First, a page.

What are Ozlandish Writings?

From July 2010 to December 2014 we ran OZLAND PICTURE STORIES as described below. Sadly though the number of writers reduced over the years and we decided to call it a day. We leave these as a record of the good times we had.

Are "You" ready to challenge your writing skills? Then participate in our OZLAND Picture Stories writing series at The Ozland Art Gallery.

Each month a new picture will be picked, from our OZLAND Artist of the Month collection, with different themes. Your goal is to write a 500-1000 word... poem... essay... or story about the picture picked. This is a chance for you to challenge your writing skills each month. Story can be written in ANY genre... sci fi... romance... ghost... fantasy... fiction... non-fiction... biography... mystery... historical... whatever your writing genre... feel free to experiment. Send your writing inworld to Sven Pertelson as a notecard to have it included on the web site. We meet at the The Ozland Art Gallery each Wednesday at Noon and 6pm SLT to read the latest submissions on voice. More Information

Wednesday, August 28, 2013

The Case of the Mysterious Headstone - part 3 - Lillian Morpork

Rose Wallis walked out onto the deck behind the house and saw Charles sitting staring at a letter in his hand. The rest of the mail was piled on a table beside him, ignored.

“Charles, I’ve been wondering what was taking so long. The Post Office isn’t that far away! What’s in that letter that has you so stunned?”

Charles looked up, startled, and grunted. “Sorry; I received this letter and it knocked me for a loop. It’s from Jeremiah Barnaby Sutton, and it solves the headstone mystery!” He looked up at her, his face still showing his amazement.

“Charles, that’s great! Aunt May and Aunt Lily will be so happy and relieved.” Rose bubbled with excitement. “Let me see it.” She held out her hand, and he passed it over.

Dear Mr. Wallis;
My name is Jeremiah Barnaby Sutton. I was named for my Grand Uncle, who was a veteran of the First World War. He died in 1936 at the age of 40, and was buried in Windsor, Ontario, where he was living at the time.

He was my grandfather’s only brother, and they had always been close. Gramps made a visit to the cemetery twice a year from that time on, until he was no longer able to make the drive. In time, he developed dementia, and his mind wondered. He took it into his head after a visit to the Lakeview cemetery, that the headstone there for Sgt. J. B. Sutton, was his brother’s. One day he convinced my cousin to take him there, and removed the stone. Sam went along with it, because he thought Gramps knew what he was talking about.

They brought it back to the house on Elm Ave. Gramps told Sam that if Grandma saw it, she would get angry, so he talked him into burying it in a spot that was hidden, unless you stood right over it. I believe that is how it ended up in the load of topsoil. I went by and looked at the property, but it is completely different from when we lived there.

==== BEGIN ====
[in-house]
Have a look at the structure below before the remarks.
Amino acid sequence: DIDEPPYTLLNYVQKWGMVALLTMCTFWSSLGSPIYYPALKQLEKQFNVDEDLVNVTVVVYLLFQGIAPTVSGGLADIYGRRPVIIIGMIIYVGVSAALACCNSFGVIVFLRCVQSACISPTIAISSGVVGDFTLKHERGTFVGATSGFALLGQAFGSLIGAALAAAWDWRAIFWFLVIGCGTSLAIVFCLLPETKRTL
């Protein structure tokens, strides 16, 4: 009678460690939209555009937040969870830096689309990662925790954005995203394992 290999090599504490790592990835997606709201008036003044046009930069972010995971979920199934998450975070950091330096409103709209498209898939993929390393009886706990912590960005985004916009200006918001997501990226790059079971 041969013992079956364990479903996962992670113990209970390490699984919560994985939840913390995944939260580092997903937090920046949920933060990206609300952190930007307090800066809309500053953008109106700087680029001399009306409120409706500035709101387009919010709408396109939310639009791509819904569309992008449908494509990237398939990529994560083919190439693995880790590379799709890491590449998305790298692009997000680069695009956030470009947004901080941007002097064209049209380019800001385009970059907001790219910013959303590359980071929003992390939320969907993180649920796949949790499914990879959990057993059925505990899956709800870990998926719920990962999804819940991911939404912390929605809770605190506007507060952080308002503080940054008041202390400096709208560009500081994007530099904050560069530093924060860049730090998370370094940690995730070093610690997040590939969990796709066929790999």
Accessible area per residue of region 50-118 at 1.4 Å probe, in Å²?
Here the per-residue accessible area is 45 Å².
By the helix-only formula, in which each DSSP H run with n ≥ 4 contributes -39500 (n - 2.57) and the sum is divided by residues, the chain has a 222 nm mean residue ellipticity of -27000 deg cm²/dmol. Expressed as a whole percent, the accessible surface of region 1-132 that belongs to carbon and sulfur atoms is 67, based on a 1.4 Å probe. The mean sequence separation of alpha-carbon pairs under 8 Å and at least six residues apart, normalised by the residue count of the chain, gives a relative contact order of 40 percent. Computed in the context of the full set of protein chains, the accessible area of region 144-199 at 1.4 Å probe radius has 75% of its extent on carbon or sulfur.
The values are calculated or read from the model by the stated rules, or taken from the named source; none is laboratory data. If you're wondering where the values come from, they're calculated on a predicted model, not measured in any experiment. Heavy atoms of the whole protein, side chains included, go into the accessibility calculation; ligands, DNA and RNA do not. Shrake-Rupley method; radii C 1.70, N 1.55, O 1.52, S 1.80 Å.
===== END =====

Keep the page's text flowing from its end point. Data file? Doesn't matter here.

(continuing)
That headstone needs to be replaced where it belongs, to mark the resting place of your grand uncle. Since it was a member of our family who removed it, we are willing to foot the costs of its restoration.

Please let me know what arrangements you have made, and if it is acceptable to you and your family, we would like to be there to see it restored to back where it belongs. We feel responsible for all of the upset and stress you have gone through, and I feel that Gramps will rest better, too, knowing a soldier is honoured as he should be.
Sincerely, Jeremiah B. Sutton.

“Wow!” Rose exclaimed. “What a surprise. And what a wonderful person Mr. Sutton must be. Aunt May and Aunt Lily will be so thrilled to know Uncle Jim’s headstone will be replaced. You’ll have to write to thank him, and tell him they will be most welcome to attend when it is replaced.”
Charles looked up and frowned. “How about you write the letter, and I’ll sign it. You know I’m no good at writing letters.”

“Oh, Charles, that won’t do. It has to be in your handwriting. Tell you what, I’ll sit beside you and tell you what to write. It doesn’t have to be a long letter, just to say how happy we are to learn how the stone got to that field in Wainfleet, and thank him for letting us know. Then you can say how grateful we all are that they will help with the costs, and of course, they would be most welcome to join us for the replacement ceremony. Then tell him you’ll let him know as soon as arrangements are made. See, it really isn’t all that hard.” She grinned at him and patted his arm. He grunted, stood up, and went into the house. Half an hour later, he headed out to the post office to mail the letter.

Three weeks later, on a crisp, bright September day, the cars gathered at the plot in the cemetery. Everyone gathered around while two of the young men lowered the stone in place. A minister said a few words honouring James Sutton for his bravery and courage, and blessed the stone. A trumpeter played taps, and after a moment of silence, he played reveille, to remind everyone of the promise of resurrection.. Aunt May and Aunt Lily stood together, hands clasped, tears in their eyes, as they remembered the man who had helped make their childhood fun and memorable.

When the short ceremony was over, Rose and Charles invited everyone to their home for a picnic reception. Memories of granduncles were exchanged, the two families mingled, new friendships were made, and family histories exchanged. To everyone’s amazement, they found that they were related.

“It was an odd way to meet new friends, and family.” Aunt Lily said, smiling. “And one last joke from Uncle Jim.”
“Yes, and Uncle Jerry, too. He was also a joker” Jerry Sutton said.

No comments:

Post a Comment